Discrimination because of religious beliefs is illegal according to Title VII of the Civil Rights Act of 1964. There are several provisions listed that show employers are required to try and provide reasonable accommodation for an employee to practice their religion as long as they do not cause the employer “undue” hardship.
One provision states that employers may not treat applicants or employees better or worse than other employees because of their religious beliefs and/or practices – except to the extent they can make a religious accommodation. For example, an employer may not refuse to hire individuals of a certain religion, or may not impose more or different work requirements on an employee because of that employee’s religious beliefs or practices.
Sometimes religious discrimination is compounded by national origin discrimination and racial discrimination. Many cultures have a national religion or a practice that is not Judeo-Christian based or reflected in mainstream American culture. Further, religious discrimination can also happen to atheists.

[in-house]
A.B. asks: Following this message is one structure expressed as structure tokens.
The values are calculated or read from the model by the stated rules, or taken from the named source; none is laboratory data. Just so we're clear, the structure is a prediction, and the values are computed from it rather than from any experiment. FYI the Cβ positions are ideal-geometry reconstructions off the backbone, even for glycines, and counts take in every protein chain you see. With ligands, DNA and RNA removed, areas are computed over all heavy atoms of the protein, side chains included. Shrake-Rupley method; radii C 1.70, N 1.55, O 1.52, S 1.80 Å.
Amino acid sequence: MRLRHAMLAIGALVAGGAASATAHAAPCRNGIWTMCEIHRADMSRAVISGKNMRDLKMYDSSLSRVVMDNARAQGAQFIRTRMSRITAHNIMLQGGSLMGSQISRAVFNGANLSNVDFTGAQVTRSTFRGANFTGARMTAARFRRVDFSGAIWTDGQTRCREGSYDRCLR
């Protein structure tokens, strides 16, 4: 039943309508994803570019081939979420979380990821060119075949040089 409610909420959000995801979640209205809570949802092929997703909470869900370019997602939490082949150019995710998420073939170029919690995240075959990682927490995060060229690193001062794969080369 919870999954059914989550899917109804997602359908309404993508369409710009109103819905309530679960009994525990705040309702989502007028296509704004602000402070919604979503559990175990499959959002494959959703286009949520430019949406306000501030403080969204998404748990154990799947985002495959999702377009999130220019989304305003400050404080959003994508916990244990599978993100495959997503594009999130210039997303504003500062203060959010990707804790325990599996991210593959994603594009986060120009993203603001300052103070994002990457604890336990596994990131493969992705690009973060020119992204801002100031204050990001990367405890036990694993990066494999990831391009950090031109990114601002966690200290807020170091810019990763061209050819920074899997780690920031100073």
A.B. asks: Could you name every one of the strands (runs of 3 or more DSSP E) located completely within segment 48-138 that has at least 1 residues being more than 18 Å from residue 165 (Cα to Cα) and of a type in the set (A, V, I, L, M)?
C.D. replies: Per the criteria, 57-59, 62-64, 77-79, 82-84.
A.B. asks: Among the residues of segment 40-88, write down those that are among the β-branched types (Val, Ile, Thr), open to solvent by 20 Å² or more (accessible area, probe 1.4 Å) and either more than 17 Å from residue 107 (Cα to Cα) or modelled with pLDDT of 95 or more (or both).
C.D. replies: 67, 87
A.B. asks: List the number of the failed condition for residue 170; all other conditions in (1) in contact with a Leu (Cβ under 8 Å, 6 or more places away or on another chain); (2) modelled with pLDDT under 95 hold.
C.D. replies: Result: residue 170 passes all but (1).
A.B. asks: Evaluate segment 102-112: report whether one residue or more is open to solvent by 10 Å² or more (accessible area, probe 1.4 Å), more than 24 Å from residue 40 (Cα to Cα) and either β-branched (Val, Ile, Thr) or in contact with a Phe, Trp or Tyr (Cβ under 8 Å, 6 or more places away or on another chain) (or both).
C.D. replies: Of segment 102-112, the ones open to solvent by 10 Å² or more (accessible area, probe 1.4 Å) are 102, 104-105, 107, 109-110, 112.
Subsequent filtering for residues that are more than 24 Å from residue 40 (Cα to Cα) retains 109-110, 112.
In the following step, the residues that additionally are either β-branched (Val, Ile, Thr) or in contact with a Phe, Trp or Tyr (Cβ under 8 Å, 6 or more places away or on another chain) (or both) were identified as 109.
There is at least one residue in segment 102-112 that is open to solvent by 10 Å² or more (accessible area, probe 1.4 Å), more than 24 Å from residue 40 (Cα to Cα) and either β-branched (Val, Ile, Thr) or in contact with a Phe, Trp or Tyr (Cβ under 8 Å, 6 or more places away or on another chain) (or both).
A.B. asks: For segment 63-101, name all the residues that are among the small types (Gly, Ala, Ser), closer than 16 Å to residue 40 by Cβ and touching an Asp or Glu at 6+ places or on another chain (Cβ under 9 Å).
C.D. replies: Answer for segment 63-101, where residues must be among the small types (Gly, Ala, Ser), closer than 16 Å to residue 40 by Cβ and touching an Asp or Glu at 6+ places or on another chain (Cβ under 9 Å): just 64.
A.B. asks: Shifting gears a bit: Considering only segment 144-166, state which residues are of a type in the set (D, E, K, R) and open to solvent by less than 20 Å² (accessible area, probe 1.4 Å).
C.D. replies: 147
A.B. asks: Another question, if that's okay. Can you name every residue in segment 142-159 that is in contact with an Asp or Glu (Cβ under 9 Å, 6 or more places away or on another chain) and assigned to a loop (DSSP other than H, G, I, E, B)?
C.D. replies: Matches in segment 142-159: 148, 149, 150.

This may seem odd to most Americans, but employees cannot be forced to participate — or be purposely excluded — in a religious activity (like a Christmas party) as a condition of employment or for positive performance reviews. However, employers must also reasonably accommodate an employee’s earnestly held religious practices unless doing so would impose a gratuitous hardship on the employer. Any adjustment to the workplace would be considered a logical religious accommodation and will allow the employee to practice his religion. An employer might do something like: modification of grooming requirements, job reassignments and lateral transfers, flexible scheduling, voluntary substitutions or swaps, and other work related practices, policies and/or procedures.